Away from the gang
After the adult-specific ” read, more blunt ” portion of the talk, North Tahoe middle schoolers and high schoolers started filing back into the Kings Beach Elementary School’s gym at the time that the parents, counselors and sheriff’s deputies told them to.
School was over and they had already heard what Joey Ray Lucero was going to say, and chances are what he was saying sounded similar to what their parents have told them before: Don’t fall to peer pressure, be clean, do the right thing.
But the students were back, and Joey Ray was not their parents. Nor was he a member of the Mexican Mafia; not anymore at least.
Until he quit, Lucero, 28, was a third-generation gang member raised by drug-abusing parents in Southern California. He said he learned early that if he just shut up in certain situations and did not say anything, he could not incriminate himself or anyone else.
He bowed his closely shaven head and showed the parents and law enforcement in the gymnasium the scar left from a car that had hit him, twice, in an attempt to kill him. Lucero told the story, with difficulty, of the time his father suggested he should kill the person who betrayed him.
“Since I was little I was told I was going to be just like my dad. What little boy doesn’t want to be like his dad?” Lucero asked. “In the back of my heart I had dreams. I wanted to play football. I wanted to work at the San Diego Zoo.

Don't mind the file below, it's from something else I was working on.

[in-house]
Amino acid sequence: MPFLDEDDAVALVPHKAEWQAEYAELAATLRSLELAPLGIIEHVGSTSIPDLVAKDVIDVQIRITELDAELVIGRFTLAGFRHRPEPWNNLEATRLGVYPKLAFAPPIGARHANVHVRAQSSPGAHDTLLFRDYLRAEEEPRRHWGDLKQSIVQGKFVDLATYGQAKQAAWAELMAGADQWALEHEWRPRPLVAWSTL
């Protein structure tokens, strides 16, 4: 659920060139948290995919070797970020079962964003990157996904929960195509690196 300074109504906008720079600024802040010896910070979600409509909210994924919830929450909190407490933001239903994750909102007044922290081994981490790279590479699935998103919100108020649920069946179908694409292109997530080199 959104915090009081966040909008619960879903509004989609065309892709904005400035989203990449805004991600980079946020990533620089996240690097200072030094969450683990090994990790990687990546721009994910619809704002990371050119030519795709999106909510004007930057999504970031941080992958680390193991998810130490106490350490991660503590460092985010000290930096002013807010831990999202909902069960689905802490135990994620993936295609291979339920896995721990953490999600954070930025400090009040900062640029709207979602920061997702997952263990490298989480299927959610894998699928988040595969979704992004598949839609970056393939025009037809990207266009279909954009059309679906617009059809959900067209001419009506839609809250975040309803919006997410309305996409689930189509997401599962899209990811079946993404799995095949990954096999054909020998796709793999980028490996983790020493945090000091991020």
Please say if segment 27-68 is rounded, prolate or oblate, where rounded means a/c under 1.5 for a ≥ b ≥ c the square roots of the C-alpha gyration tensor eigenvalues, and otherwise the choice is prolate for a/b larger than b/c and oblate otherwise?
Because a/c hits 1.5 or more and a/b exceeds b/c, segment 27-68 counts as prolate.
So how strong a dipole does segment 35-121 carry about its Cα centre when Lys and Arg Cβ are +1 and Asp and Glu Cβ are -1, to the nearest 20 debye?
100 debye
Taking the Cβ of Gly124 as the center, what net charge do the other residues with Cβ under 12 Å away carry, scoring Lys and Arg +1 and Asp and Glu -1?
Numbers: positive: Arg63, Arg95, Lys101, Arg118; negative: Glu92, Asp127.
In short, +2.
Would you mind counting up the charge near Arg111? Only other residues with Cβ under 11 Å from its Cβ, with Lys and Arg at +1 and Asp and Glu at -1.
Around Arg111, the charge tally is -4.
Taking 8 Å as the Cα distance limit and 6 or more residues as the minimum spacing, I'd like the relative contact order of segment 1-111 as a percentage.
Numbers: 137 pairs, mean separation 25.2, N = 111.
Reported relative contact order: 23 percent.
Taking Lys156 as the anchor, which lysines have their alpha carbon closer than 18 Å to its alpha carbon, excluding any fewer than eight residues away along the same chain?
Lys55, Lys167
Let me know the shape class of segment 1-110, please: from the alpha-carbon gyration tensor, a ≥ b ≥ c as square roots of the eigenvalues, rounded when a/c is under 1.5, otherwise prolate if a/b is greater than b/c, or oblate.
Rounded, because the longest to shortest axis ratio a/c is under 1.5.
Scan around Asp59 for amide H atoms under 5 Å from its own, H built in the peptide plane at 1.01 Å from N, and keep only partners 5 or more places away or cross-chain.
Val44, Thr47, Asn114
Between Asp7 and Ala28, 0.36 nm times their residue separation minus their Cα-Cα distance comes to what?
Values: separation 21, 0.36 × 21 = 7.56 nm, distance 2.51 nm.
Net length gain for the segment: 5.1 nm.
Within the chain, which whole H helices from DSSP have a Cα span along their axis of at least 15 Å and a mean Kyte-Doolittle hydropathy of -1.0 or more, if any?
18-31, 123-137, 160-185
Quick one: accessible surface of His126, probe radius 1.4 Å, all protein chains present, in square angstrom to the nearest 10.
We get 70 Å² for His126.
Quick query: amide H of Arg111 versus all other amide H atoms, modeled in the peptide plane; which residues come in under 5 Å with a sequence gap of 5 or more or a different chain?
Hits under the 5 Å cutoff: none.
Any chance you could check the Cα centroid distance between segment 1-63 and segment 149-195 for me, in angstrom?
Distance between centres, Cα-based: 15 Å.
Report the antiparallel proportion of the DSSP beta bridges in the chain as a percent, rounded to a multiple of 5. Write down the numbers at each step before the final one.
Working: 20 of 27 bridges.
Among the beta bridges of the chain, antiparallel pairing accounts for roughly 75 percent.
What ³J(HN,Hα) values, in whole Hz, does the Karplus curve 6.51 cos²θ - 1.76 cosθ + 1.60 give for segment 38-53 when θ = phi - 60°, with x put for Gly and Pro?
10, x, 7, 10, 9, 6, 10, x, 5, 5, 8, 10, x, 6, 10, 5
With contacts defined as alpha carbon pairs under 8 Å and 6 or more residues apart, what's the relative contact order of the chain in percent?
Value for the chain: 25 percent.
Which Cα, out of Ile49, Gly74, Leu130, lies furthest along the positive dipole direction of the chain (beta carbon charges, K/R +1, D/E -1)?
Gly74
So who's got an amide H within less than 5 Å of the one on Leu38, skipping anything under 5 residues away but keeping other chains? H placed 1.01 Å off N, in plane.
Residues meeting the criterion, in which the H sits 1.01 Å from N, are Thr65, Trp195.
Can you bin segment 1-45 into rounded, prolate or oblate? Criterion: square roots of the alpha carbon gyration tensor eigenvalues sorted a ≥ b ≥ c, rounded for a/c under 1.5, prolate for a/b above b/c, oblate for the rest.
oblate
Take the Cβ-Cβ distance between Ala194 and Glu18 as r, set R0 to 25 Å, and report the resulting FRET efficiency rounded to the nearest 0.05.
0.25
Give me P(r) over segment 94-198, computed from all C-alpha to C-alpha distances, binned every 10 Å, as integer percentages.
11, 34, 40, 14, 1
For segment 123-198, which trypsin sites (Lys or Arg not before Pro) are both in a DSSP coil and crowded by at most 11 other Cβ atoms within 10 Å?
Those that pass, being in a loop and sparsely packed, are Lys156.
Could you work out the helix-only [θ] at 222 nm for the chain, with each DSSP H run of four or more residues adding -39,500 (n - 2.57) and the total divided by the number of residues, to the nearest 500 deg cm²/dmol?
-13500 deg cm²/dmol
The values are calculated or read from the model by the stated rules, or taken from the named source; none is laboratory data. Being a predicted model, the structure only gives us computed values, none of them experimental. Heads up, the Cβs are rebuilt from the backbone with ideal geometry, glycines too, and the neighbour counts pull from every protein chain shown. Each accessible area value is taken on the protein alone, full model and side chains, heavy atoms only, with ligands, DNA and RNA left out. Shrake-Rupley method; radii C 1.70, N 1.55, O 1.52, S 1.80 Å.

“I was doing the best I could as a young man to fit in.”
Lucero wasn’t just offering war stories from the street when he was a boy. The 28 year old, who still describes himself as a kid, had just flown in from the National Summit on Violence where he was the keynote speaker on the importance of gang intervention.
That’s why he was in the Kings Beach Elementary gym ” to speak as long and to whomever asked a question of him. Earlier on Monday he’d made the rounds to every North Tahoe Middle School classroom, speaking with nearly 450 middle and high school students and faculty.
Arrested at age 12 for a murder, which he says he did not commit, Lucero spent six years in the California Youth Authority. The CYA is now joined with the California Department of Corrections and Rehabilitation.
“I didn’t kill him, but I couldn’t tell them who did,” Lucero told the silent audience. “I never had a winter formal, didn’t get my driver’s license until I was 25 ” the things I missed out on. Shame on me.”
Now an outreach coordinator and motivational speaker for the rehabilitative nonprofit Homeboy Industries, Lucero is sought out to talk with communities on the dangers and pressures gangs elicit. He was in North Lake Tahoe upon an invitation from Diana Cristales-David.
He spoke of turning the other cheek, of setting a positive example for one’s friends if they are not doing right. Lucero stressed the importance of thinking for one’s self, of education and of having hope.
“Everything is not stacked up against you,” Lucero said. “You just have to learn the steps.”
His advice for an area that feels the hands of gangs tugging at them? Sports, for one, but at heart, community.
“I think what you guys are doing here is great,” Lucero said, looking out at the 70 plus crowd Monday evening. “Look at the numbers. You guys have a community.”
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